'Float' is the first Pixar film to feature Filipino Americans

Bobby Rubio's personal animated short premieres on Disney+.

I won't lie: I stayed up late to watch The Mandalorian on Monday night, as soon as the new Disney+ streaming service went fully operational. I'm a Star Wars geek and I could wait no longer. With that out of the way -- it was great -- I want to make sure you watch the best film on the platform: the Pixar original animated short Float.

Directed by story artist Bobby Rubio, Float is the first Pixar film ever to feature Filipino American characters.

In Float, a father discovers that his is son is different from other kids in the most unusual way. To keep them both safe from judgement, Dad covers him and keeps him out of sight -- but when his son's ability becomes public, Dad must decide whether to run and hide or to accept his son as he is.

Rubio originally conceived the story as a comic... with a significant difference. The characters were white.

"Don't people want to see that?" Rubio asked himself, when confronted about the characters' ethnicity. "I don't know if people want to see a Filipino American character. That hit me. And I was like, 'Okay. I'm going to do this. They're going to be Filipino American and I'm going to tell my story.'"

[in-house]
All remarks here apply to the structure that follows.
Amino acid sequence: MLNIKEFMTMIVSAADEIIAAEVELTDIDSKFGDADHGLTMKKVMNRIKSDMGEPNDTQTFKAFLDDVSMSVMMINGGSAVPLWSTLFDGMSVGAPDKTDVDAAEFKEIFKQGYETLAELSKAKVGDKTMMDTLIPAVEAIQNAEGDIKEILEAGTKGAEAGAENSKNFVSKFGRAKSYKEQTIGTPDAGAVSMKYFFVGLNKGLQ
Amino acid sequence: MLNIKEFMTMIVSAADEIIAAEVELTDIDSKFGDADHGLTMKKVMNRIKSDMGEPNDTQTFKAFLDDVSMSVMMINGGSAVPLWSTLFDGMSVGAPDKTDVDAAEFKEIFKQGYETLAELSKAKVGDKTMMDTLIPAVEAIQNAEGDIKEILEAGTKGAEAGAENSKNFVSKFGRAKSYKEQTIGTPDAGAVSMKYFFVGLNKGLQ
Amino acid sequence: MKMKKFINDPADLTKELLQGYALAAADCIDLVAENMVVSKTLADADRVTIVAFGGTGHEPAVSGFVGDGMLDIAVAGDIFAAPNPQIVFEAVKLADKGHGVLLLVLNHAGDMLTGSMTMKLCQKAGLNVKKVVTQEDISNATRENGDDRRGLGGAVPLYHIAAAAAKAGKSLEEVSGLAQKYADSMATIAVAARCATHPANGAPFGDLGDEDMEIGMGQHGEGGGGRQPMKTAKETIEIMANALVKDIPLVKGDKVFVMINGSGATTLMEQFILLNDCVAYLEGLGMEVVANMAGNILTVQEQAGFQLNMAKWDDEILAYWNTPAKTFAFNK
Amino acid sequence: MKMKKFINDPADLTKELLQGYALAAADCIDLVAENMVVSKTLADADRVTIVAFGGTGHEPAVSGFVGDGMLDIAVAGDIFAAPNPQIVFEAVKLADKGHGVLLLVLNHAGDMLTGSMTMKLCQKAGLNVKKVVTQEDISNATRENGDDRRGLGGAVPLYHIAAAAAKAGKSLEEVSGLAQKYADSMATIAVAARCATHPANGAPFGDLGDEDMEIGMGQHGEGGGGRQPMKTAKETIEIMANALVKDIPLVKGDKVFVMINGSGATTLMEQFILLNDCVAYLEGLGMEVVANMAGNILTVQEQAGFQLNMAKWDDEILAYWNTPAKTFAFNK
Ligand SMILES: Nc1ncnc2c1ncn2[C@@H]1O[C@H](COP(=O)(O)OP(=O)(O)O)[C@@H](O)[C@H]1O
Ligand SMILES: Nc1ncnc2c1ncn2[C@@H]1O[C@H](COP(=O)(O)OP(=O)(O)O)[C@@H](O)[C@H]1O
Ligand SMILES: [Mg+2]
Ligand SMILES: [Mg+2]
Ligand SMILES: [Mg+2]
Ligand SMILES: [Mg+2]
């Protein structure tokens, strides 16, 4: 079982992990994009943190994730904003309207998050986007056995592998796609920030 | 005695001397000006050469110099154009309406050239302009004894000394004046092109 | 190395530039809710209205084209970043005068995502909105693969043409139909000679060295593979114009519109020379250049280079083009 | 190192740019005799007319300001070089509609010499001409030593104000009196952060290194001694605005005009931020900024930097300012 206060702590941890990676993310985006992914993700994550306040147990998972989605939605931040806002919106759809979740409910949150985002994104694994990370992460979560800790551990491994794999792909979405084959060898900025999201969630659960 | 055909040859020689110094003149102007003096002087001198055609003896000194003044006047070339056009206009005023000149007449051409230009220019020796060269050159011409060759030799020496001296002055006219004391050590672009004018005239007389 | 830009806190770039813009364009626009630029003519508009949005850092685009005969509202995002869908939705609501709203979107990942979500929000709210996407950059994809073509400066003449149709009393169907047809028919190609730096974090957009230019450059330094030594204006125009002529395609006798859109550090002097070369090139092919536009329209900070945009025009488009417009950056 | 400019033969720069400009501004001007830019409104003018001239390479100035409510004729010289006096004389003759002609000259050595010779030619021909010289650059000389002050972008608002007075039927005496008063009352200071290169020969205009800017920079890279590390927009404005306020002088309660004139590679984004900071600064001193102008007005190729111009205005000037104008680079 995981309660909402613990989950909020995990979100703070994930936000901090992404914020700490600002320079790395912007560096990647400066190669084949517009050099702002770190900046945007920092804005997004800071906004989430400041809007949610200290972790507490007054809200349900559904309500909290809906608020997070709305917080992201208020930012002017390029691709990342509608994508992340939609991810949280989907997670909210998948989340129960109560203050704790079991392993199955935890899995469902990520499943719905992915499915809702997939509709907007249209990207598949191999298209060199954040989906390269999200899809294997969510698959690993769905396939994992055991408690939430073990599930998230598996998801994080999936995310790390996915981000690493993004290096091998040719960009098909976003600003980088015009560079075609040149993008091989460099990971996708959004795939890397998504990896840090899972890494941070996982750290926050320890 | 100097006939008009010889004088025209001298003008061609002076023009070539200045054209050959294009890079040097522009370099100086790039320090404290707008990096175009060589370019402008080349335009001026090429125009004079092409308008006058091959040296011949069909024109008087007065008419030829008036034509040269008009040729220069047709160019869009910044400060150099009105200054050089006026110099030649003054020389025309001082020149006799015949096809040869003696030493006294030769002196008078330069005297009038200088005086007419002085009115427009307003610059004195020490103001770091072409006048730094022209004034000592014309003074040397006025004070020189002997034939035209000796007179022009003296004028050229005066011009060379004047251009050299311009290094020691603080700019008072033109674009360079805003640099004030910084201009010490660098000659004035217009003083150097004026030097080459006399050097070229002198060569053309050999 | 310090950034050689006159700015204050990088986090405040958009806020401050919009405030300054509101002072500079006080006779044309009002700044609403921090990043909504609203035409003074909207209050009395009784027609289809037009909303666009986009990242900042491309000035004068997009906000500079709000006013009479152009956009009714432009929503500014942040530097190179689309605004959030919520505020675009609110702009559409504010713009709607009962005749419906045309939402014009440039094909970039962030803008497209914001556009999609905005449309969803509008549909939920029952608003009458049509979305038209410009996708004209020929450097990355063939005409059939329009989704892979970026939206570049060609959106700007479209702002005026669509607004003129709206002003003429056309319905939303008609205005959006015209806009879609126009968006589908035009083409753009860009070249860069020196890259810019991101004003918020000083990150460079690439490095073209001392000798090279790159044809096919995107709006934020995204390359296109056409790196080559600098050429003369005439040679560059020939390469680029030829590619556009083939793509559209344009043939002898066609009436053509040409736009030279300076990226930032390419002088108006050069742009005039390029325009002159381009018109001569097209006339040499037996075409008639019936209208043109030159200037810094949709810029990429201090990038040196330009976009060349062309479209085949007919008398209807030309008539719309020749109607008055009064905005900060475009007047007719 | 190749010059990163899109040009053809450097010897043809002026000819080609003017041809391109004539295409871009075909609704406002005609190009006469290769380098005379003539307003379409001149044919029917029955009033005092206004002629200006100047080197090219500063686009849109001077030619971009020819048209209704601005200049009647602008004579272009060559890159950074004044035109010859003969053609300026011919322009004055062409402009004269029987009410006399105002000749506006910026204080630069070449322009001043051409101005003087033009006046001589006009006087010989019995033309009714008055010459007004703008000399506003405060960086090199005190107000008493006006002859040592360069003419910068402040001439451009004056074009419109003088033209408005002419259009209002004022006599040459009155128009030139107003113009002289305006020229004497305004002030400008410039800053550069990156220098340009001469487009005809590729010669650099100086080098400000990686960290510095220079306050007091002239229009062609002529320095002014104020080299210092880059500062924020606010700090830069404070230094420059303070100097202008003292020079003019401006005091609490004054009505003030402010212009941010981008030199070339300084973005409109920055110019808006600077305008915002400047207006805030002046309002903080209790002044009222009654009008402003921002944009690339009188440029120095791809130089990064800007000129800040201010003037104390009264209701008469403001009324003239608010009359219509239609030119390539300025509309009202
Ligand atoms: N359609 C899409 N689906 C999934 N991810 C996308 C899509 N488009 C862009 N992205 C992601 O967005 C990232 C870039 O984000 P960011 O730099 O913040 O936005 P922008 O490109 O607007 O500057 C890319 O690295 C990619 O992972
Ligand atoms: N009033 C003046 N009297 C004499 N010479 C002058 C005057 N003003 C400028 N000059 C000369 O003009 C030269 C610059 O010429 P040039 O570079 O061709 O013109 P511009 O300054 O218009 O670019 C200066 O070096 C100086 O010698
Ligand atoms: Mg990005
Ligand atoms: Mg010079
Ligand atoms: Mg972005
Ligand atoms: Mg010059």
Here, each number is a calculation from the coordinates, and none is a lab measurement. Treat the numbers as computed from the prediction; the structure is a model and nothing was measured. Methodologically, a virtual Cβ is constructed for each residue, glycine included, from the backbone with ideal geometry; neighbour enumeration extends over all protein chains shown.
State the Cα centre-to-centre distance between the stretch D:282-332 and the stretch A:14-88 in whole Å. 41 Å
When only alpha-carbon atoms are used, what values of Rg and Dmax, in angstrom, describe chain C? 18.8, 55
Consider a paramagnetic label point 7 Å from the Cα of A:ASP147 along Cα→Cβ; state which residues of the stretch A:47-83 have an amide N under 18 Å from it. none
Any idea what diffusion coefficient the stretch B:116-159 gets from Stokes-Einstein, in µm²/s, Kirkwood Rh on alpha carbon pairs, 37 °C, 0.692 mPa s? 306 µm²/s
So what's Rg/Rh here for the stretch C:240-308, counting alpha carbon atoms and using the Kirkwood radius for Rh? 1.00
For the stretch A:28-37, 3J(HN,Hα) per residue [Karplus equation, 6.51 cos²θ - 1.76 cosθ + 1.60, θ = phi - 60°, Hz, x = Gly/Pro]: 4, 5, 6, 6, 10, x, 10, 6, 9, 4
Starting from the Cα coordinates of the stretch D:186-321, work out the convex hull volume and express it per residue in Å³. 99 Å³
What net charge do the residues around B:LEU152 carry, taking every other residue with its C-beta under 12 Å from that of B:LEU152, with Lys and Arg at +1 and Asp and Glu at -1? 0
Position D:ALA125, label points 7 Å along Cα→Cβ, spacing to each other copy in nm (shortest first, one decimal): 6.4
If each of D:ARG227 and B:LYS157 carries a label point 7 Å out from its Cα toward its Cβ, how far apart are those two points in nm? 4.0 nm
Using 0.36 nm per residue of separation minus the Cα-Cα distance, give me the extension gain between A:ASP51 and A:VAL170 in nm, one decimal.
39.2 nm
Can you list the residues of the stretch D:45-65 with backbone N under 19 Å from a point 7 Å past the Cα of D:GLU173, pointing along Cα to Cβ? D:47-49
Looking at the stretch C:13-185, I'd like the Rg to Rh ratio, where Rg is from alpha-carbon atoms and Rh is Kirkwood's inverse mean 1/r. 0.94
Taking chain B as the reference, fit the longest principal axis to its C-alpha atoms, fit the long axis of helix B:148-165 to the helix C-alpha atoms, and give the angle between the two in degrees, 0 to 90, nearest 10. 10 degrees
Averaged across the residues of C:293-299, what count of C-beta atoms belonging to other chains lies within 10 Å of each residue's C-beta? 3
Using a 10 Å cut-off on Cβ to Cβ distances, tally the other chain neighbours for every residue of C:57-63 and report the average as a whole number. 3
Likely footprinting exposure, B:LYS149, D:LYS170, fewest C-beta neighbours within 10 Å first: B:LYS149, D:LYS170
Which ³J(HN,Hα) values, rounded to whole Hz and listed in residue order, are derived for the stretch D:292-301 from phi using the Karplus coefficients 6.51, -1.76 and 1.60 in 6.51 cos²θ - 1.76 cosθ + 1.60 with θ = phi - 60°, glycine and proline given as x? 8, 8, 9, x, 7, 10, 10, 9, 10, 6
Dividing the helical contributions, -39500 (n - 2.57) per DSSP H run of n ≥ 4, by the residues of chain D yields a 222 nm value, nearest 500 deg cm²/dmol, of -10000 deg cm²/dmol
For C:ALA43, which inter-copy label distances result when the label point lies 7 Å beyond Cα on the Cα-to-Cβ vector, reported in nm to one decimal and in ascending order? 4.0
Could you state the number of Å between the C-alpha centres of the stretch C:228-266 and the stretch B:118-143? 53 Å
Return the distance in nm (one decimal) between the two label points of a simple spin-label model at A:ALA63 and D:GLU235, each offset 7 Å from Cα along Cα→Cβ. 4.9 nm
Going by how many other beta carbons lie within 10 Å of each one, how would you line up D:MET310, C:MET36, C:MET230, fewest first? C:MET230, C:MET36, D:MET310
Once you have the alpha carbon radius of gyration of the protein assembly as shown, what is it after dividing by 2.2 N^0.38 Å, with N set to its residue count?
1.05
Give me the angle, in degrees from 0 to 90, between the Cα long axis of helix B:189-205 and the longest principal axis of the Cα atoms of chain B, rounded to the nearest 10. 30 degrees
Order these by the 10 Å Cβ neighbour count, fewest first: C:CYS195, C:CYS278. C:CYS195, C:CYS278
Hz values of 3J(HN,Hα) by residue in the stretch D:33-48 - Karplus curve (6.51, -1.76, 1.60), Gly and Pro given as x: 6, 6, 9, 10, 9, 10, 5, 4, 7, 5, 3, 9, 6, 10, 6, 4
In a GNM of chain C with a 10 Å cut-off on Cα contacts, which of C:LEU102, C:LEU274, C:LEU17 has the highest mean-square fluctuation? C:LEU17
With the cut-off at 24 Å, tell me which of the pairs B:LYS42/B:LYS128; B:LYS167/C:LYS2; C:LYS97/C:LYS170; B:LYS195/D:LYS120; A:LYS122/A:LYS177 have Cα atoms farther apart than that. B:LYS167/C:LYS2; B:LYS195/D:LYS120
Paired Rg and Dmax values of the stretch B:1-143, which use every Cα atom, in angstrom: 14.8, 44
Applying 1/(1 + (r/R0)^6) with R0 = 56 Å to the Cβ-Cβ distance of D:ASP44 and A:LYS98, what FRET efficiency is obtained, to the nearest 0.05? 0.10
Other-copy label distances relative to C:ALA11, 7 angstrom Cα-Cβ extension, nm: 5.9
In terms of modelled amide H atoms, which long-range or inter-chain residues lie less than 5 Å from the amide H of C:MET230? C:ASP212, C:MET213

This seven-minute film had me in tears. Float is dedicated to Rubio's son, who is autistic. The film was a way to tell the story of their relationship. While the film's fantastical tale was inspired by autism, Float could be the story of any child's difference... and the acceptance by his parent, wholly and fully.

"He wanted to tell a story about his journey to accepting his son's difference," producer Krissy Cababa says in "The Making of Float" featurette. "Who he is, and not who he wants him to be."

Float was created as part of Pixar's SparkShorts program, "designed to discover new storytellers, explore new storytelling techniques, and experiment with new production workflows." Pixar employees are given six months and a limited budget to develop indie short films.

If you've signed up for Disney+, do yourself a favor and check out Float, as well as the behind-the-scenes feature, also available on the platform.

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